What is in this article?:
- Louisiana's 2010/2011 sugarcane harvest faced fewer problems than in recent years.
- Farmers won't have to spend as much prepping fields.
- Sugar price driven by consumer preferences, problems with crops around the world.
At the same time all the above is happening “we’re seeing an increase in demand for sugar. The American public is trending towards ‘all-natural’ products. Helping sugar even more is that high-fructose corn syrup is being scrutinized by nutritionists and the public on its potential contribution to obesity. Soda companies that were strictly using high-fructose corn syrup are going back to natural sugar, so much so that the high fructose corn syrup producers are petitioning the FDA to change its product name to ‘corn sugar.’ That’s helping push demand for real sugar higher.”
In 2010, “most experts thought high sugar prices would only carry us into early 2011. But with all these things happening at once, a lot of us now think we’ll see very good prices into next year’s crop.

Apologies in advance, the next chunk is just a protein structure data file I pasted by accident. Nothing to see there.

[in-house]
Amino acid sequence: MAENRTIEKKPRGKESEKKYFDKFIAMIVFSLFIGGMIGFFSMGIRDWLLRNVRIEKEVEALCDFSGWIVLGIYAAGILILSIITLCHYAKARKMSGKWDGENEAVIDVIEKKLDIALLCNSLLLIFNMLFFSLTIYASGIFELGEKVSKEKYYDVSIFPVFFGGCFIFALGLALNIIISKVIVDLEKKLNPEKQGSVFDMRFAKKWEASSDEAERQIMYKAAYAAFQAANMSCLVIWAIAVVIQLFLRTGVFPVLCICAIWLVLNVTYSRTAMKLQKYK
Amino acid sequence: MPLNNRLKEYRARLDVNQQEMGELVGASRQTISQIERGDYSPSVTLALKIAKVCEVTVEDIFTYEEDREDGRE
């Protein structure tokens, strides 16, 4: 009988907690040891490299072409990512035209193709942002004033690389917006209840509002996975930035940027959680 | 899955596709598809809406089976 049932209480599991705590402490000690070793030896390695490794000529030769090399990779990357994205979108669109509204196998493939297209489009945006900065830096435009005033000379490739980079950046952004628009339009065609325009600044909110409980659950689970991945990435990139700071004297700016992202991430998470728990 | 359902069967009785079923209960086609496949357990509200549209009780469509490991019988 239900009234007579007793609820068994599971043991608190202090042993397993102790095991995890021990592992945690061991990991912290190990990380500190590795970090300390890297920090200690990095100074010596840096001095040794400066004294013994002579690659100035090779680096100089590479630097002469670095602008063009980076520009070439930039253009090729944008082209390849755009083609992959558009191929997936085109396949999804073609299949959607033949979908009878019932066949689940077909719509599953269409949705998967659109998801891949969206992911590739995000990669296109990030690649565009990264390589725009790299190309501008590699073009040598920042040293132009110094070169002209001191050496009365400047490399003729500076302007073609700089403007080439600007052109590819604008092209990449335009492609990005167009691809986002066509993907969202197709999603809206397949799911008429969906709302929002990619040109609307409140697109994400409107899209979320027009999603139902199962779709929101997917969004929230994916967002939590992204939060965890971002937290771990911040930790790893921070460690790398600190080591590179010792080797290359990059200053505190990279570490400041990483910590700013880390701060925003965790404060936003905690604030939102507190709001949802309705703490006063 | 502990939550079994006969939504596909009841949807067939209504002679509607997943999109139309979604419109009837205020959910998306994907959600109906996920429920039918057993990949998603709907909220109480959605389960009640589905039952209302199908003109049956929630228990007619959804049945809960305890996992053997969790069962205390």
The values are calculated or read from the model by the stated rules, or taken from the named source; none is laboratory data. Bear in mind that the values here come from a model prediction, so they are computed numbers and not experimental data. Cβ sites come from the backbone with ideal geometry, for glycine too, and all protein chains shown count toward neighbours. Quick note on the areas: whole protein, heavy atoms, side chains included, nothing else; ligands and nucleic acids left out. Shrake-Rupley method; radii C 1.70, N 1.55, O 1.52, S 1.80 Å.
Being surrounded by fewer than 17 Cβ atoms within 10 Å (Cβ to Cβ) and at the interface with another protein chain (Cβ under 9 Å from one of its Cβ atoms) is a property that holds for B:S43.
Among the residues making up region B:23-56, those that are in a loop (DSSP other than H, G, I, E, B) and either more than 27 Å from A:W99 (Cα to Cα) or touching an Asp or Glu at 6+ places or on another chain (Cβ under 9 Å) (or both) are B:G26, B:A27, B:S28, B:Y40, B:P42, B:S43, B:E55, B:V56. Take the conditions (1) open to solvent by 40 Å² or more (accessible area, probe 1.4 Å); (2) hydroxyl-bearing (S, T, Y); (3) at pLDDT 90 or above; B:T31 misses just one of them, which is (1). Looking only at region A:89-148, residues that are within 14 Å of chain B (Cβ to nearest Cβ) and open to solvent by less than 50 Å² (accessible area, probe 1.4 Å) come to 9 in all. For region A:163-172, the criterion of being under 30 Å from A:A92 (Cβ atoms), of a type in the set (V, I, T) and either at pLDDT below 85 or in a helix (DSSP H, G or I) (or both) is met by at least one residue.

“Something that’s helped is traditionally the sugar industry here has produced raw sugar. That is then sold to a refinery, which refines it into pure, granulated cane sugar.
“Recently, some of the sugar industry down here has vertically integrated and purchased ownership into the refineries. That has passed down some of the profits of the refined sugar market to producers and raw sugar millers. That’s really helped us – to capture some of those refining market dollars. Some years, there have been extremely low raw sugar prices while refined sugar prices were much higher. Now, we should be able to better handle the low raw sugar price years.”